Those of you who attended our seminar on protecting confidential and trade secret information last Spring may recall our discussion about a trade secret misappropriation case involving a Twitter account. In that case, PhoneDog v. Kravitz, 2011 U.S. Dist. LEXIS 129229 (N.D. Cal. 2011), a product news and review company, PhoneDog, claimed it issued Twitter accounts to its employees so that they could publish content for users to support PhoneDog’s business. When one employee, Kravitz, left PhoneDog, he refused to provide PhoneDog with access to the Twitter account he was assigned, changed its handle to delete references to PhoneDog, and continued to use it (with its 17,000 followers) for personal purposes.
PhoneDog filed a trade secret misappropriation claim against Kravitz claiming that the Twitter account was its trade secret and that it had incurred damages of more than $250,000 given the large number of “followers” the Twitter account had attracted. In denying Kravitz’s motion to dismiss this claim, the federal district court held that PhoneDog had stated a claim for trade secret misappropriation because: (1) it had adequately identified its alleged trade secret (i.e., the Twitter account and password) and (2) Kravitz refused to return control of the account/password to its claimed owner, PhoneDog.
This week, several news outlets are reporting that PhoneDog and Kravitz have settled their dispute after more than a year of litigation. (See, e.g., http://mountpleasant-sc.patch.com/articles/twitter-suit-settled-out-of-court.) Although the terms of the settlement appear to be confidential, Kravitz will apparently retain control of the subject Twitter account.
Could this lawsuit (and its outcome) have been avoided by the employer? Maybe. Although the Court’s file is silent on this issue, it does not appear that PhoneDog had a social media policy in place at the time it issued the Twitter account to Kravitz. (This may have been because Kravitz began working for PhoneDog just as social media sites like Twitter were gaining popularity.)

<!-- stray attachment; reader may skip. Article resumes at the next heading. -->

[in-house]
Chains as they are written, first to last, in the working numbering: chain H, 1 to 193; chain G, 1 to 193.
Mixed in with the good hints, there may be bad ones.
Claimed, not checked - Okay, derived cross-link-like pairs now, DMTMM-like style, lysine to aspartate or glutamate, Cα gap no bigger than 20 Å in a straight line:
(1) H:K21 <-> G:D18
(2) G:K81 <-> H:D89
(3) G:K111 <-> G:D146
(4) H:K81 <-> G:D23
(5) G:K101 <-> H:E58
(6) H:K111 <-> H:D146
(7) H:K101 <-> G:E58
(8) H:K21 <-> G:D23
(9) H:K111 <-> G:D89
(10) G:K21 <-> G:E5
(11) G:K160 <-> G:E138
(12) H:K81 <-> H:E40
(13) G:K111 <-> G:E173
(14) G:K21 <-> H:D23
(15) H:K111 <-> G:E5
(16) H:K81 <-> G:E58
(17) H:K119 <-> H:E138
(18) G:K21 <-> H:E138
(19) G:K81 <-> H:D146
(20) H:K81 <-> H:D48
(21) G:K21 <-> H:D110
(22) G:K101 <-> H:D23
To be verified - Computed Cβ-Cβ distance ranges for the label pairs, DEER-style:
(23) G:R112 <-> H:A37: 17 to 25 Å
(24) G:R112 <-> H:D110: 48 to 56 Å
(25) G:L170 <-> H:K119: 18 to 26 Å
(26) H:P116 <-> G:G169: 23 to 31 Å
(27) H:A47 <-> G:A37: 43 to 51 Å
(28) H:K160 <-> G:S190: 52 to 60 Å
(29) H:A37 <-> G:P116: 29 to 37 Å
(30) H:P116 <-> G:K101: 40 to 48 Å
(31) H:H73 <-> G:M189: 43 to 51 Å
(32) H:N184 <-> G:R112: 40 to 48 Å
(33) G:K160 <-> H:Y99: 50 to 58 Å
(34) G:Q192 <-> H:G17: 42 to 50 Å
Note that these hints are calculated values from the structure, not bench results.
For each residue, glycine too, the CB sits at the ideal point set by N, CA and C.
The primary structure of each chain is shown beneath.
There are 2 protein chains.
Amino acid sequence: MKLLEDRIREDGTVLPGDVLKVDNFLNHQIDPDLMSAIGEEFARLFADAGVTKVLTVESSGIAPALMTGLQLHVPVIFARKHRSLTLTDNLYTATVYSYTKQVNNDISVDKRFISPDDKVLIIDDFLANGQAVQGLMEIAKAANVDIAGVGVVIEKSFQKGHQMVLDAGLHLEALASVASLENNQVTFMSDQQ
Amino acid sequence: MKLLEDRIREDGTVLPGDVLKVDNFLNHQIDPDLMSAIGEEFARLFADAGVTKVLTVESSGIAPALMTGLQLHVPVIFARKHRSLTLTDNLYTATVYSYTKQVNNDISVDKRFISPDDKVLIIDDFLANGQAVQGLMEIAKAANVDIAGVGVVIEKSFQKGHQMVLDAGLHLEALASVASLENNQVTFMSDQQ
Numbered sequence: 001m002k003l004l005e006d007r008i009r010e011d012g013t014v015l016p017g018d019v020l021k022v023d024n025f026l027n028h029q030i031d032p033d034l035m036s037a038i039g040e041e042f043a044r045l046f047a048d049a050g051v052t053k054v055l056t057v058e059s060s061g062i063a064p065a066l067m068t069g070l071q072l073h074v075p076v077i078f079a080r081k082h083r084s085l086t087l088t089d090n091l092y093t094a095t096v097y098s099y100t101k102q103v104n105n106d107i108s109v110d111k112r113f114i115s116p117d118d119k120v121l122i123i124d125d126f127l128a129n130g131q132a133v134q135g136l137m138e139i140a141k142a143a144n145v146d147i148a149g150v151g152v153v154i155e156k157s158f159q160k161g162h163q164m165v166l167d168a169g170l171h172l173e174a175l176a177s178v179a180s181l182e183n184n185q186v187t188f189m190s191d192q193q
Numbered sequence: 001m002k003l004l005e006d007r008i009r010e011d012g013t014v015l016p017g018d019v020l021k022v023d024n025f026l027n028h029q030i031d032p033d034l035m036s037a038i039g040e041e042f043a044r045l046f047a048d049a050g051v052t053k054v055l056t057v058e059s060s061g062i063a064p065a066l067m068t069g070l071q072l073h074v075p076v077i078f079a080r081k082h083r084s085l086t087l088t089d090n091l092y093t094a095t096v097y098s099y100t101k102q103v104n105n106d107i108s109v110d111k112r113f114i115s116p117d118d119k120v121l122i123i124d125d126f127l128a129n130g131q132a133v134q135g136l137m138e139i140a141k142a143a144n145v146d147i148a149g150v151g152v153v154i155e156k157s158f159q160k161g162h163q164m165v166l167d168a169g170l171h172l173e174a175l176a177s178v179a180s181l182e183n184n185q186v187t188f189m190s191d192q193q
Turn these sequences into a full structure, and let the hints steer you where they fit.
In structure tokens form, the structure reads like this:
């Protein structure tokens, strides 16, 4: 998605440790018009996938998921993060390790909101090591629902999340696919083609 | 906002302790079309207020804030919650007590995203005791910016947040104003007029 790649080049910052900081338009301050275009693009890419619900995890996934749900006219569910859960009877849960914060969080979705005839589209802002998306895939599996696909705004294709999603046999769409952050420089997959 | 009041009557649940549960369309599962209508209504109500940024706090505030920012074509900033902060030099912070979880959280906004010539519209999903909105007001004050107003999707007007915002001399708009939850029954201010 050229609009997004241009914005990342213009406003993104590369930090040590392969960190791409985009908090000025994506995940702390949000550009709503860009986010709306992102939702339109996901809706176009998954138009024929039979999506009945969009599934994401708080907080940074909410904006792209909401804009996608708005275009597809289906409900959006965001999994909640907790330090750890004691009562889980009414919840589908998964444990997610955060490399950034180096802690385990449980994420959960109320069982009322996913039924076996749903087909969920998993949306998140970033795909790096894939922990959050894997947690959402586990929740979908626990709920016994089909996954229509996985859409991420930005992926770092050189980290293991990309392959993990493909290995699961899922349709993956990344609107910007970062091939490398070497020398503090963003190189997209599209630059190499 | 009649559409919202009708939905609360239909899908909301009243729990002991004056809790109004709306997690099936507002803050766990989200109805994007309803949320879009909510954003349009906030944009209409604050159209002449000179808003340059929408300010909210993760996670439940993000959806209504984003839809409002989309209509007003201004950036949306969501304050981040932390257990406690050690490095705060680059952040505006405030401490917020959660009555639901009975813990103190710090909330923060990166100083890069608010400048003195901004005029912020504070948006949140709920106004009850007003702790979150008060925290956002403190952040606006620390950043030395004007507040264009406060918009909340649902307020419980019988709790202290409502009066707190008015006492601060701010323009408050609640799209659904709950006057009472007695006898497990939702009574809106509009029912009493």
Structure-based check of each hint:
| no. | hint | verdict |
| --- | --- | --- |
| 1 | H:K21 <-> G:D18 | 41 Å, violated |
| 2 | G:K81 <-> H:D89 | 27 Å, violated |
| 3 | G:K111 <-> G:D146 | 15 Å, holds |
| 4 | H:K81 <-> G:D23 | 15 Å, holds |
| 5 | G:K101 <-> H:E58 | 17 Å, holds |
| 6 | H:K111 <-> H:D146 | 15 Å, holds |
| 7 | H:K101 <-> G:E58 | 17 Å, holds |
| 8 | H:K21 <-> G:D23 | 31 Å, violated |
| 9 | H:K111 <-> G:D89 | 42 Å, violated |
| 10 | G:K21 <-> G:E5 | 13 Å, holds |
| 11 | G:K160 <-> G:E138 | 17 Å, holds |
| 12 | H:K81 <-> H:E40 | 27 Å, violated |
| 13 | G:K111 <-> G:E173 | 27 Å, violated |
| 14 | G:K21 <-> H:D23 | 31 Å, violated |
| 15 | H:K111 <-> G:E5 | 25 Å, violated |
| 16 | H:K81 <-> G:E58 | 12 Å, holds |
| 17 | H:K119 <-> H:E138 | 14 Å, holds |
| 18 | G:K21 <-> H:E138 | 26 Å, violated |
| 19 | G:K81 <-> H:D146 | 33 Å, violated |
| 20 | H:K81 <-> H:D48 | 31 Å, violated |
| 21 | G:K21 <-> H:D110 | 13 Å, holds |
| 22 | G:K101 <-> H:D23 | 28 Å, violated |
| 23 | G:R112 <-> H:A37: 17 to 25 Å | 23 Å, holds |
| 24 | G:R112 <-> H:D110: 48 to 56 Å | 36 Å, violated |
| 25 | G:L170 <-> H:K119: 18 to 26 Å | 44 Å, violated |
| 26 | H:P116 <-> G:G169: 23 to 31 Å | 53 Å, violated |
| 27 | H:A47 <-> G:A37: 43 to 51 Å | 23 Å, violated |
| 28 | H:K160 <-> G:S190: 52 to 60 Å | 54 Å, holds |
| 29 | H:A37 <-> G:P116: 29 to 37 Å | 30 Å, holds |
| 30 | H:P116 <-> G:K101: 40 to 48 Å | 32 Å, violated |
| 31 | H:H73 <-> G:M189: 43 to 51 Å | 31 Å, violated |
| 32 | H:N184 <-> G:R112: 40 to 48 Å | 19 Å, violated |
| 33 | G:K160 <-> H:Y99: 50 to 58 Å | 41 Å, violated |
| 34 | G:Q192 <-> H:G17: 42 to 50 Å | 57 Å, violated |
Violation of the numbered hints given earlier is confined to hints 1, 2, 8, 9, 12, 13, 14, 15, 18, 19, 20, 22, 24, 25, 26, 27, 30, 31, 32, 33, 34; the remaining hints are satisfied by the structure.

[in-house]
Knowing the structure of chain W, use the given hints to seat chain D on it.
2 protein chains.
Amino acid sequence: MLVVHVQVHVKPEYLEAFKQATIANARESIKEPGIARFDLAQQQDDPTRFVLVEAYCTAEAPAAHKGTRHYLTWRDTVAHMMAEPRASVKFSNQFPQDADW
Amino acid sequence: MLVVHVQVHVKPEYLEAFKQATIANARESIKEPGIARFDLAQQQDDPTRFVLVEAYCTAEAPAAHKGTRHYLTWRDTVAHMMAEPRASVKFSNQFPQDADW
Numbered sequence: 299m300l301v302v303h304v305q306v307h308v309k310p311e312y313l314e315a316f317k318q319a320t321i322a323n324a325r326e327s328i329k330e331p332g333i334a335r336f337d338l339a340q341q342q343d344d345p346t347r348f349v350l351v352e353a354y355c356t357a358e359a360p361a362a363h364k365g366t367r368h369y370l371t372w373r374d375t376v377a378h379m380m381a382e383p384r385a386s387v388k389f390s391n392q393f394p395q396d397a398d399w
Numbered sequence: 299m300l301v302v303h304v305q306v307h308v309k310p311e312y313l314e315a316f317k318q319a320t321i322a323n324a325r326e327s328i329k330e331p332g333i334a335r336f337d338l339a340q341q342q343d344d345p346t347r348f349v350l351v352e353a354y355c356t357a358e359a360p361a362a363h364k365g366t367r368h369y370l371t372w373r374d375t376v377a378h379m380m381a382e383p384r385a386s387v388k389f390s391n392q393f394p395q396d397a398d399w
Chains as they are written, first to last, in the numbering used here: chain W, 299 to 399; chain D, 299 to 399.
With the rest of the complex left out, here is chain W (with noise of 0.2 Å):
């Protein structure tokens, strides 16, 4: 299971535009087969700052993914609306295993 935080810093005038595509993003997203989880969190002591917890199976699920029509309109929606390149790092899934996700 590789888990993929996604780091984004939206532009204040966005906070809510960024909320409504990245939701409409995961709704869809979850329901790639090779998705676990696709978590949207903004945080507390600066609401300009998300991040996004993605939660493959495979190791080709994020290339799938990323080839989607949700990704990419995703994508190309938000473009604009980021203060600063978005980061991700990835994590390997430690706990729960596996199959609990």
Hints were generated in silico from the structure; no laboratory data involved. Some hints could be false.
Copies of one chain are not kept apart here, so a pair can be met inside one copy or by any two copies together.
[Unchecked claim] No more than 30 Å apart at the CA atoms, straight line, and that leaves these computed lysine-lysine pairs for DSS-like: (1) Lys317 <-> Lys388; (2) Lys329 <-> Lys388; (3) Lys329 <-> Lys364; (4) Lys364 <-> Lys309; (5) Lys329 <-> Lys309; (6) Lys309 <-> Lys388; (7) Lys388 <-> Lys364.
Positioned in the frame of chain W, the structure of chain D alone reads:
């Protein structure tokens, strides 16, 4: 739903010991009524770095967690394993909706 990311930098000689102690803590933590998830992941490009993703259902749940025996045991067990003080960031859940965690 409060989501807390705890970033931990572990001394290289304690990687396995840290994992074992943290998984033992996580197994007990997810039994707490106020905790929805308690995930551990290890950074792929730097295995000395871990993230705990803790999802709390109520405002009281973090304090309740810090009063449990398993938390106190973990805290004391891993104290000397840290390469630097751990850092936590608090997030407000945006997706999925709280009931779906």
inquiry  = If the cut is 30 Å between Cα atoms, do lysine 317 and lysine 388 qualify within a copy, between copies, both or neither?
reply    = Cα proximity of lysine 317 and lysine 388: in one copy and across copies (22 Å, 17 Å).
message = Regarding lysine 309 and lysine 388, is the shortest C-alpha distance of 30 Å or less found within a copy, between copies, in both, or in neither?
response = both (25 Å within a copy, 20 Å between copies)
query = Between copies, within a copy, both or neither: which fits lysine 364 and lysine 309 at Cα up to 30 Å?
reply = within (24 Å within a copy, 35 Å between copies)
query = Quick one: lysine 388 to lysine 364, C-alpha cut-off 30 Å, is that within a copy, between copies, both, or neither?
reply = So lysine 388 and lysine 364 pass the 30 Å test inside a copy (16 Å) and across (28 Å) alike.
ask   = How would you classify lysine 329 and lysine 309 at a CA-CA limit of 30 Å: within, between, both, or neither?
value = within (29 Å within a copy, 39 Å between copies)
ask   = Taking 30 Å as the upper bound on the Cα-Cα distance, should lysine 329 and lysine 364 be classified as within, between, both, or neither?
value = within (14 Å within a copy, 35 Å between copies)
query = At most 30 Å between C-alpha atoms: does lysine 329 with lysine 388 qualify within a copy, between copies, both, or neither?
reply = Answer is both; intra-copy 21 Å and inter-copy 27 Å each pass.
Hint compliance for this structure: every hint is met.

Employers, especially those who rely on employee use of social media to further their business interests, should have a written social media policy in place. Their employees should be made aware of the policy at the time of their hiring and provided periodic reminders. The Policy should make clear that: (1) any social media accounts that are issued by the employer or opened at its direction to further its business, remain the property of the employer; and (2) the employee must return access to the account (including providing any passwords) to the employer upon the termination of the employment relationship. Had PhoneDog had such a policy in place, it may have strengthened its argument that it owned the Twitter account and could have possibly obtained an injunction from the Court barring Kravitz from further use of it.